I raised a polite finger to Niola and finished the checkout. “Have a lovely lunch,” the woman said, pushing her cart past. Beyond both of them the shift manager was staring at me shaking her head. “Didn’t Herman postpone?” I pretended. “I thought you said he postponed.”

“I don’t think so. I wrote it down but I don’t know where.”

Only one of us knew this wasn’t true, or if it was, it was a thirty-year-old truth. I had to do something.  “Let me see your purse,” I said.  Without a second thought she handed it to me and I fished around for the small brown address book I knew she carried.  I don’t know why I hadn’t thought of it before.

Niola had no cash and no credit cards, but she had the book.  No Hebron, but I jotted down the number of her sister, Francis, and checked to see if my number was in there. It was, but just in case, before I returned the purse, I tore the corner off a manila folder and wrote “Brian, Grocery” above my phone number. “Okay,” I said, hoping she’d go along, “really, I just remembered, you told me Herman couldn’t make lunch Friday.”

“I told you that?” she said as if Herman hadn’t been dead all these years. “Okay then, I wore the blue for nothing.”

“He doesn’t know what he’s missing.”

“Probably got one of them others on his arm instead. You men. . . ”  She looked at me tight eyed. “What’s the name of your girl again?”

I took me a second because it’d been a while since my fictional girlfriend came up. She remembered one thing, but not the other. “Charlene,” I said, though I supposed I could have offered any name.

Niola nodded, though she didn’t look satisfied. “I best get the blue back in the closet.”

§

I think about it now and realize that the first sign something was wrong came maybe eight months earlier. I was about to clock back in from lunch and saw Niola at one of the checkstands just as the clerk, a new guy, was finishing her order. They were speaking in Spanish. “Where you headed?” I asked from behind her.

“Man!” she called out in a big, brassy voice as she turned, tan purse hanging at the elbow of her handless arm. She’d gotten a new wig, a wavy auburn that set off her large, happy eyes. “Headed just over there, you know, and I’ve got news.”  She turned to the clerk and asked in Spanish how much she owed. Then she opened her purse and stared into it for a few seconds. “Now what was I looking for?” The clerk repeated the amount but it clearly didn’t register with Niola as she stared again into her purse.  “Man,” she giggled, “I’m just not one for figures today. Be a peach and pluck out what I owe?”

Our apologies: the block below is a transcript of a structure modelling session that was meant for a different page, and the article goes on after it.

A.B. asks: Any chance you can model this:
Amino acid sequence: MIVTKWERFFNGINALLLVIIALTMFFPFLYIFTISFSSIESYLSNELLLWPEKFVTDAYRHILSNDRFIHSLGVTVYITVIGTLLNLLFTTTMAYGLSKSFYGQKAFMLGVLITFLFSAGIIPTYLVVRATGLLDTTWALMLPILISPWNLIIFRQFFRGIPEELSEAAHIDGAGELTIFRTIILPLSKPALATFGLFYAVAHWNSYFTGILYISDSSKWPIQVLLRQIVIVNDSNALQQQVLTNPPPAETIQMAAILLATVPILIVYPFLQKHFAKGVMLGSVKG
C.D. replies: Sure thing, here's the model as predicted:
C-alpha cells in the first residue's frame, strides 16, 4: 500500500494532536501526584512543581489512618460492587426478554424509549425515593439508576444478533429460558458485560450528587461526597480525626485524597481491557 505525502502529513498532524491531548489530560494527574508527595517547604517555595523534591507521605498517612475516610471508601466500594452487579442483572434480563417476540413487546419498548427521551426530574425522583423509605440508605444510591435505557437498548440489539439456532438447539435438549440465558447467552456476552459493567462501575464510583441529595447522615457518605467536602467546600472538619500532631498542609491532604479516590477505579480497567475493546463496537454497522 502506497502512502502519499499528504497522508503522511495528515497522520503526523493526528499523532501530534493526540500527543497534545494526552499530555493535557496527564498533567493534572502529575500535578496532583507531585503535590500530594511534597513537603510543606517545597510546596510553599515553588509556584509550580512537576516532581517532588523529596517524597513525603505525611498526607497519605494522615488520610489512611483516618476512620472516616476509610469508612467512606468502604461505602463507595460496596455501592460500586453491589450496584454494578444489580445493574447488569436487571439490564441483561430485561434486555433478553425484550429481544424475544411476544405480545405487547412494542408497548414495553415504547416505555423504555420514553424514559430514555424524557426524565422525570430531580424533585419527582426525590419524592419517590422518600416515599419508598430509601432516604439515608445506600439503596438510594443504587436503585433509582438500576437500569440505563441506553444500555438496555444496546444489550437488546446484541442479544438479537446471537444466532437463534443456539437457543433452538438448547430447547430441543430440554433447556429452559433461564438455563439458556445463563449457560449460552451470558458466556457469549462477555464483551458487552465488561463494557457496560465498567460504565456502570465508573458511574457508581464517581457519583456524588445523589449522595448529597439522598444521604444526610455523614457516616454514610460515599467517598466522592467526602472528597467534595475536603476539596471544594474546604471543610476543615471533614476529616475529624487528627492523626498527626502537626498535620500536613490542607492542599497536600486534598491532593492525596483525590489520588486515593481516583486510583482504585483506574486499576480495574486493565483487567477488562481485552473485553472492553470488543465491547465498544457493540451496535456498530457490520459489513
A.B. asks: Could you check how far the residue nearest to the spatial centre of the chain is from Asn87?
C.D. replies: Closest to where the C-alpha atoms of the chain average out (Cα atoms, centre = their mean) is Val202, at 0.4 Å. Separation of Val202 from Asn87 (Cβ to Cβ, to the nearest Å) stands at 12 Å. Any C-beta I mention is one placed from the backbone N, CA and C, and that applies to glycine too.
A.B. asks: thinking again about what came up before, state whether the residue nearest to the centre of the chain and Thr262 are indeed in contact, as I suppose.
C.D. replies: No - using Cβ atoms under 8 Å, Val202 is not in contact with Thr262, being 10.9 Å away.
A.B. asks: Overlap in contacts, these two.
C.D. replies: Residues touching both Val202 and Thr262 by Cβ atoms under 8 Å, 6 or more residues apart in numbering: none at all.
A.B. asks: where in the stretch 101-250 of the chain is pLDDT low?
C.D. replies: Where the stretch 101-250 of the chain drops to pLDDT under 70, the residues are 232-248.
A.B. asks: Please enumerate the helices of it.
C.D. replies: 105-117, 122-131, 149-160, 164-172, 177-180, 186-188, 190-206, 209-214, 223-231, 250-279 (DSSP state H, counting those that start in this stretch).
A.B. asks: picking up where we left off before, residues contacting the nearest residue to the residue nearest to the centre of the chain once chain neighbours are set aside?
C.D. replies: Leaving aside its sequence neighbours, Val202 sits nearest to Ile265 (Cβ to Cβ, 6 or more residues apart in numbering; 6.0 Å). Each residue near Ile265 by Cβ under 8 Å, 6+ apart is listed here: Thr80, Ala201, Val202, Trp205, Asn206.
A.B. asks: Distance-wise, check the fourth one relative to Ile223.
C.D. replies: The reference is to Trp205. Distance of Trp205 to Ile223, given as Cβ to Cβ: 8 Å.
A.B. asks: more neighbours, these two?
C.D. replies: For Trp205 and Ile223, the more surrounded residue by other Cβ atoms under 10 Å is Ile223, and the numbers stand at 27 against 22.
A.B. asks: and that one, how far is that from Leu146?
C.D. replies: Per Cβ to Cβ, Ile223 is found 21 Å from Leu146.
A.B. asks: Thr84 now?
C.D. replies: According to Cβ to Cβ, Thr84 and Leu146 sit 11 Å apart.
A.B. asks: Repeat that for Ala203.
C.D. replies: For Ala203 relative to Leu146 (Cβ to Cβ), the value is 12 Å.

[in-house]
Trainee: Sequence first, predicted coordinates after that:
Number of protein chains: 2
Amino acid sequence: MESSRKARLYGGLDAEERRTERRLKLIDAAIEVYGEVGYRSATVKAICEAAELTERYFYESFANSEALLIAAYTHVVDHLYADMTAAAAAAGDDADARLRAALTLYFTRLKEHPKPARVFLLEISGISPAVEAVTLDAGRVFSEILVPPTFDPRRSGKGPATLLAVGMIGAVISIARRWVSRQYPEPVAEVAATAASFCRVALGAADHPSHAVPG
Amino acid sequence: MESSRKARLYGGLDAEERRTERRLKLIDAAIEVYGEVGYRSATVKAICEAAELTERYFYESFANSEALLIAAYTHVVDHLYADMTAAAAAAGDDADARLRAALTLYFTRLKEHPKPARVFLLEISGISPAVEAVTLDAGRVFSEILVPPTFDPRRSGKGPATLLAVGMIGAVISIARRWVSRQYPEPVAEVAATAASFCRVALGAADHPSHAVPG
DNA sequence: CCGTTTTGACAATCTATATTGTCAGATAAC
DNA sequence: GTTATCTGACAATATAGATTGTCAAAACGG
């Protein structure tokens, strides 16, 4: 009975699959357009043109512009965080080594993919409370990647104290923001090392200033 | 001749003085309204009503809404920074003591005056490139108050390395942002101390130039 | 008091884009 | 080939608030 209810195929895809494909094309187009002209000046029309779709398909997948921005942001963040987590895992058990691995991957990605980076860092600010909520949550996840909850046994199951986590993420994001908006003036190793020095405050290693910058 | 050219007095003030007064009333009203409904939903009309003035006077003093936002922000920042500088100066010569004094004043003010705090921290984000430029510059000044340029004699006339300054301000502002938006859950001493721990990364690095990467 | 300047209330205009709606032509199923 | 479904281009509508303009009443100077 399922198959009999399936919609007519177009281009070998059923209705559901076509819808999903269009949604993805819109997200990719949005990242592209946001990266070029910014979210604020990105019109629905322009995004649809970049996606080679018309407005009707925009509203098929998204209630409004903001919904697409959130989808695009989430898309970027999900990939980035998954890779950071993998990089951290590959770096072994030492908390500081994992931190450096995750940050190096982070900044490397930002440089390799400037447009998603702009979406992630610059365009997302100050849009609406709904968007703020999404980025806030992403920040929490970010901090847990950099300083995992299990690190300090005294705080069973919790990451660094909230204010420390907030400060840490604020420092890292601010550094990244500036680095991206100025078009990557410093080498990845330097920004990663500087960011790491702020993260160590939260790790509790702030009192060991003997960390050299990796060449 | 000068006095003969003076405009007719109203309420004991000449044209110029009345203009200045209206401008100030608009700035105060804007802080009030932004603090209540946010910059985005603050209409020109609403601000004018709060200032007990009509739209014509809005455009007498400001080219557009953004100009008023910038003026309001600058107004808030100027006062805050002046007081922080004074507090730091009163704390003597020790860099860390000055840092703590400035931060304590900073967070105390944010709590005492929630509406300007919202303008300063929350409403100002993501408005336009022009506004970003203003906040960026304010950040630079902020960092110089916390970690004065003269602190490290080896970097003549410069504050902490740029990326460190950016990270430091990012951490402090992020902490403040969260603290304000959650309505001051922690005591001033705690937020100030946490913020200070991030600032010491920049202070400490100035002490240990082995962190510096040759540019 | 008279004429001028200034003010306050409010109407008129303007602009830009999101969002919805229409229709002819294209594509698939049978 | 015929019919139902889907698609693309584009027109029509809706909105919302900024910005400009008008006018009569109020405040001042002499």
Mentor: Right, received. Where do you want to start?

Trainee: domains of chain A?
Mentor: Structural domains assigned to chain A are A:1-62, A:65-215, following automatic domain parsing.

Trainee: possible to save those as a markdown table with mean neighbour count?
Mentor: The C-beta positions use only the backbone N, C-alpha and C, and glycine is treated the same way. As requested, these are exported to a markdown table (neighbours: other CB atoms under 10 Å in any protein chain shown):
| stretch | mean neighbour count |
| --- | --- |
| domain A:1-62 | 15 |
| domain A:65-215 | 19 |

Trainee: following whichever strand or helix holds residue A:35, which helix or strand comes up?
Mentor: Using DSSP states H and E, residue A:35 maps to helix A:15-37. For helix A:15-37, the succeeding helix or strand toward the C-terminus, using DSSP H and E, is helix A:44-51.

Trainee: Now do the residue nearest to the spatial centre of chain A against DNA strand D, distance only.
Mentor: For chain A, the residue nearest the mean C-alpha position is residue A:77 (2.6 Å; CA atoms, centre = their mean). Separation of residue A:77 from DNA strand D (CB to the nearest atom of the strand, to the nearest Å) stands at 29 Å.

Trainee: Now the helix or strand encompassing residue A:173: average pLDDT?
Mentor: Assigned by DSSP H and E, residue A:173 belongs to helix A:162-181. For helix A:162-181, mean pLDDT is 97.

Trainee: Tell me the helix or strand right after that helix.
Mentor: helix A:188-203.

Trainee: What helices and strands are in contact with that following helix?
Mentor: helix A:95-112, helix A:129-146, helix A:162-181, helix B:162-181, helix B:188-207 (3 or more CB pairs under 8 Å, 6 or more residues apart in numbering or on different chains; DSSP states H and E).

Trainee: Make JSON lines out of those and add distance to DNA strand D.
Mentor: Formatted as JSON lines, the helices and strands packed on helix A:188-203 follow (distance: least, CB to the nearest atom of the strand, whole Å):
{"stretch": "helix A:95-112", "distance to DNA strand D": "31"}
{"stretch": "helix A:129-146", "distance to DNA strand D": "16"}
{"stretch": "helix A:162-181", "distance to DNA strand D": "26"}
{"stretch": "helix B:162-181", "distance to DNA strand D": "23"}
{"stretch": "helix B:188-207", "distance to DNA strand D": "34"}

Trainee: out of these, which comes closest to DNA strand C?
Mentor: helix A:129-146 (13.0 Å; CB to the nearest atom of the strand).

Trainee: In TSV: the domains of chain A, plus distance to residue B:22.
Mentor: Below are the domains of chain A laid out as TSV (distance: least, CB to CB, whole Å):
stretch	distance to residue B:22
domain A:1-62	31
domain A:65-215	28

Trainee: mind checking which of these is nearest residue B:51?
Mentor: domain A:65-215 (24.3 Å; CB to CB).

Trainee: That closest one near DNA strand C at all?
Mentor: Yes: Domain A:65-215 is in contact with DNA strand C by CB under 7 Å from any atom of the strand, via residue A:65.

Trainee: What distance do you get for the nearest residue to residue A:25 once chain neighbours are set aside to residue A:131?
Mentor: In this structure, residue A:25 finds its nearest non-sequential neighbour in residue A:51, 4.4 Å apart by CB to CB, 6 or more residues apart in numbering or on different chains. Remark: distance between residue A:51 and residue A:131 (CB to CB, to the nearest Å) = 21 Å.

At the moment I didn’t understand what was happening. I just thought, well, she’s close to eighty-three, and she was so adorable about it, so I took her purse from her and complied.  “What’s your news?” I asked as the clerk handed her the receipt and we walked behind her cart to the time clock.

“Spoke to Hebron this morning and told him he could stay in one of my apartments for free.”

“Wow,” I said. They hadn’t spoken for months. “What brought that on?”

“He called asking for money because maybe he has to close the business, so we figured out how much it would cost to get him down here.”  She was beaming. The one regret about her life I’d ever heard her express was that despite all her efforts, her son had drifted away. “Just did Western Union before my shopping.” Suddenly she was teary eyed with happiness.

“That calls for a hug,” I said, opening my arms. “I know you miss him.”

She stood on her toes and squeezed me tightly. “You’ll have dinner with us when he gets here, right, Man?”

“Of course,” I said, letting go after a few seconds.  “We’ll celebrate.”

“Come to think of it, I don’t think I’ve mentioned you to him.”

§